Dear Amy:

I was married to a woman for eight years and had two children (now 15 and 18 years old). My ex left me for a woman. She wanted to remain friends and continue to have me be a father to the children.

I made the divorce easy for her and just wanted to have a life again with my kids.

Within a year, I met someone, remarried and now my wife and I have three children together.

My ex saw me spend less time with my children and sued me for full custody, child support and medical bills (thousands of dollars, which the court awarded her even though she cheated on me).

My wife has fought to have a calm family life and not be influenced by an adulteress ex-wife who is punishing me for moving on and caring for my three young children (ages 3,5, and 7).

I have gone the last few years seeing my older children only twice a year because of this battle.

My wife says I caused this mess by not being tough on my ex in the beginning, and my ex blames me for not putting my children first.

I feel that I need to take care of my wife and kids. I unfortunately let my oldest kids grow up without a father, but I've missed them.

Any advice?

Misery in Maryland

If you'll review the "no-fault" divorce laws, you'll see that your wife's adulterous behavior has no bearing on the disposition of support.

I understand how much it hurts to be cheated on. You feel the adulterous party should pay for messing up the marriage, but it doesn't work that way.

Courts tend to assign support based on how the parents divide custody, with the non-custodial parent paying because the custodial parent provides the full-time home.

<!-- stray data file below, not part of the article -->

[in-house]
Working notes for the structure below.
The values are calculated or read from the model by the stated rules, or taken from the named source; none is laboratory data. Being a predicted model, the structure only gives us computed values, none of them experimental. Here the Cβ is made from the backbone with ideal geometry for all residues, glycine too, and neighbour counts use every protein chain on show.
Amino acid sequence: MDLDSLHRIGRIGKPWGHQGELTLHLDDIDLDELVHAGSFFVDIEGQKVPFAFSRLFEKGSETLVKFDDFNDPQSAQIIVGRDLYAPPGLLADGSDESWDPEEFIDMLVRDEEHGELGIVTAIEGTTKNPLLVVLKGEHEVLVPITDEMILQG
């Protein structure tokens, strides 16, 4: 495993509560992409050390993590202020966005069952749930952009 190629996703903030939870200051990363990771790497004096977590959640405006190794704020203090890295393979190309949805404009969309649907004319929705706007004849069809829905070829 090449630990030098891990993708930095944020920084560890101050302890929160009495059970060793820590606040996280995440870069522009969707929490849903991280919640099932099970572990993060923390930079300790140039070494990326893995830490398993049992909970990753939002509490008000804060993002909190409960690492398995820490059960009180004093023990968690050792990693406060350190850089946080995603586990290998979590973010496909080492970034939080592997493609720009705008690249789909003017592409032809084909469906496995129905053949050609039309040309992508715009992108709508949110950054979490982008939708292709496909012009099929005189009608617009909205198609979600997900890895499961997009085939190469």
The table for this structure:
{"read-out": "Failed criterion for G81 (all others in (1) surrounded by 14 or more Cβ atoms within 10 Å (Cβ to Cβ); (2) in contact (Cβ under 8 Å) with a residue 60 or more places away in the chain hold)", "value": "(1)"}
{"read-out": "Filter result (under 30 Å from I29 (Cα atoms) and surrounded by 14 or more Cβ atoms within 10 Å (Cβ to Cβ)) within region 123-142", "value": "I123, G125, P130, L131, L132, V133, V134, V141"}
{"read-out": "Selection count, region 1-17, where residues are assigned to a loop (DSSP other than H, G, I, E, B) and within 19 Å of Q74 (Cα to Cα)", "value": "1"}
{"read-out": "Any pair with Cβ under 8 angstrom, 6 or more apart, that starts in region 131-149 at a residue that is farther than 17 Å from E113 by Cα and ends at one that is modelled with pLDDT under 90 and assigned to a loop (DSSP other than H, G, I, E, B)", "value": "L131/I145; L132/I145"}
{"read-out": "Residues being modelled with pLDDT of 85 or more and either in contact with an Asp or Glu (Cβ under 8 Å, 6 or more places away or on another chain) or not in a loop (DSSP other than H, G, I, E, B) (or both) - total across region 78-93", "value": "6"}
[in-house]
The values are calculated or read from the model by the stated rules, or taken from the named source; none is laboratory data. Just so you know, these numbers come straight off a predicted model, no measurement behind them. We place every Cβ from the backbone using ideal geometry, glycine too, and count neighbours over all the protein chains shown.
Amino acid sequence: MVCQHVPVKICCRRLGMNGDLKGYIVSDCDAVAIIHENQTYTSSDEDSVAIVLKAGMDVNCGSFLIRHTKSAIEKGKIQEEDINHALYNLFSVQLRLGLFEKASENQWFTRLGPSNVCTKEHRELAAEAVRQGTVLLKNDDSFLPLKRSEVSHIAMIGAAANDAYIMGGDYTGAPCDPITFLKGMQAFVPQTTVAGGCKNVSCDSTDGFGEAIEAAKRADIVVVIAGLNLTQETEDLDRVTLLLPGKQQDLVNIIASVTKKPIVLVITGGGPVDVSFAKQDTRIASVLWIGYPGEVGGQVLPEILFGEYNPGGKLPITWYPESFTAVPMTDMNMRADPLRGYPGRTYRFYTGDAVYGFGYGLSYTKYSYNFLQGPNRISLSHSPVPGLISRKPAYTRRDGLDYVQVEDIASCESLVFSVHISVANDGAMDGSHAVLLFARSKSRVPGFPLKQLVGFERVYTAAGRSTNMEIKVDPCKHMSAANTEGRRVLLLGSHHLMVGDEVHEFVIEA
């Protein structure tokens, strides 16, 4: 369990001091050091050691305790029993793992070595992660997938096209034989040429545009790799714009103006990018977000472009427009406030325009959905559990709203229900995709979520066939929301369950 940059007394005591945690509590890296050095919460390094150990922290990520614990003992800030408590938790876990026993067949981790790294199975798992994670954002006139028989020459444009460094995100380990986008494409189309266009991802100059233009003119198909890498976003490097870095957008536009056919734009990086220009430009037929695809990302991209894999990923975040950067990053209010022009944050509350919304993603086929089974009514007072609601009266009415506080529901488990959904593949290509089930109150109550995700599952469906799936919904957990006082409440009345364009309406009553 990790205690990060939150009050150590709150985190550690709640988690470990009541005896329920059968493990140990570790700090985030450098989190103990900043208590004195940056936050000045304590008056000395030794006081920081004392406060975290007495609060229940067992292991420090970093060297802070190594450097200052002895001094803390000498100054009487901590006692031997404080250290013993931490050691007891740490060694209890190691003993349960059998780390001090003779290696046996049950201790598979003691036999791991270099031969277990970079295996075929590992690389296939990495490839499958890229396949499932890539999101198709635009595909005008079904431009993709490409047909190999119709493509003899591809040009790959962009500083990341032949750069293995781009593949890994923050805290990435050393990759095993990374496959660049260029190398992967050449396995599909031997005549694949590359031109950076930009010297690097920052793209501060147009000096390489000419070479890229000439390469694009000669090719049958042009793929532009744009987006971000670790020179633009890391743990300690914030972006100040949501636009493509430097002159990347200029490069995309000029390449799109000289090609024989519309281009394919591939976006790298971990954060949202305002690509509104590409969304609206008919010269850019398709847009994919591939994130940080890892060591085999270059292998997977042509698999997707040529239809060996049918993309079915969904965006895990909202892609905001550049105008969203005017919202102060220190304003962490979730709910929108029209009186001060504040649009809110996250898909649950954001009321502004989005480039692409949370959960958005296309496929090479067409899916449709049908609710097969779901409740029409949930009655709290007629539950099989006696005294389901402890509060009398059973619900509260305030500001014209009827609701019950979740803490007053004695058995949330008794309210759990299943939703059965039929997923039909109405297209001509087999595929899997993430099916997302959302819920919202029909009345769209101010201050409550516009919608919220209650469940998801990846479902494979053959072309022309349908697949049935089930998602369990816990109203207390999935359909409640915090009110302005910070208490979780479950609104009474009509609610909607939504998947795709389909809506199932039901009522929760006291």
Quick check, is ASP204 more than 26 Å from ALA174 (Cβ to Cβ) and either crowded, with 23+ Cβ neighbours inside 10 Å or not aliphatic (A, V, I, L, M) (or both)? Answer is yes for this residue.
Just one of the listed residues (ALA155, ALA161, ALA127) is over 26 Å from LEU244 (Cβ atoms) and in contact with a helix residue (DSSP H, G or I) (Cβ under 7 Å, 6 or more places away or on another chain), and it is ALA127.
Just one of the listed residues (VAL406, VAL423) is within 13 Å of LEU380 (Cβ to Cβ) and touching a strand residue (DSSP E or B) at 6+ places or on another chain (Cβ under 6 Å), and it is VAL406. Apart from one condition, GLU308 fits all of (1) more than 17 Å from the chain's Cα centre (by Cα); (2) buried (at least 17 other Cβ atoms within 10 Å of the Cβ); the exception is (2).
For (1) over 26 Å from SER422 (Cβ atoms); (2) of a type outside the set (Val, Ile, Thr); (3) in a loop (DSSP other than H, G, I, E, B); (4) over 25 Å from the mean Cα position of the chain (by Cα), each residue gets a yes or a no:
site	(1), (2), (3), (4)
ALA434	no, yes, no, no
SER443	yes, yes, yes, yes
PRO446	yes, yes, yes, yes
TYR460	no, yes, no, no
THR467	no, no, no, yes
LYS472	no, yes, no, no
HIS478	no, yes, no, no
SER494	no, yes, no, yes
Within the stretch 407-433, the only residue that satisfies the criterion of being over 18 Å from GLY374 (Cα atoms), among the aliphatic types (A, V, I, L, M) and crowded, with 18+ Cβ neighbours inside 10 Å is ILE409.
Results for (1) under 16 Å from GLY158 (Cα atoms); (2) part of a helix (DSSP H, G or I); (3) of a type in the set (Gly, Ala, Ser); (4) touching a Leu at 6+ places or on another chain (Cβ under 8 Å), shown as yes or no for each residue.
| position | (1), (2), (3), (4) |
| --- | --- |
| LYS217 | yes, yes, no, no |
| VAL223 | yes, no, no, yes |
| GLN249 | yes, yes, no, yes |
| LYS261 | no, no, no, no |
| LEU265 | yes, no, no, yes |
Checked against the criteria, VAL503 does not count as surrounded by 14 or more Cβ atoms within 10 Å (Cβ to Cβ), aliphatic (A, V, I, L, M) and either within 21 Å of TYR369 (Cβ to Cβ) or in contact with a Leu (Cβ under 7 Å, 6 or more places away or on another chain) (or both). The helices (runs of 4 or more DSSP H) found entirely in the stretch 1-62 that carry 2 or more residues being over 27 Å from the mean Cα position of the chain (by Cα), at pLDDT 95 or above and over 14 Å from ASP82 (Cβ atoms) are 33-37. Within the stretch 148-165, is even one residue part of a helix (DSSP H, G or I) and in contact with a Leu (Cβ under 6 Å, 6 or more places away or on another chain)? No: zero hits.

Frankly, how the women in your life feel about your situation shouldn't be as important as how your children -- all of your children -- feel.

Your oldest kids came into your life before all of these other relationships and issues developed. It is patently unfair of you to let them "grow up without a father," as if your relationship with them is disposable.

In terms of your ex-wife's adultery, I would suggest that it's time for you to let it go.

Your current wife needs to understand that you have five children and that they all need nurturing and a little bit of you. (They probably could also have benefited from a kind and compassionate stepmother, but you don't mention that your wife is interested in them at all.)

See your older children whenever you can. Integrate them into your life with their half-siblings as much as possible. If you miss them terribly, then do something about it.

Write to Amy Dickinson at or Ask Amy, Chicago Tribune, TT500, 435 N. Michigan Ave., Chicago, Ill. 60611.

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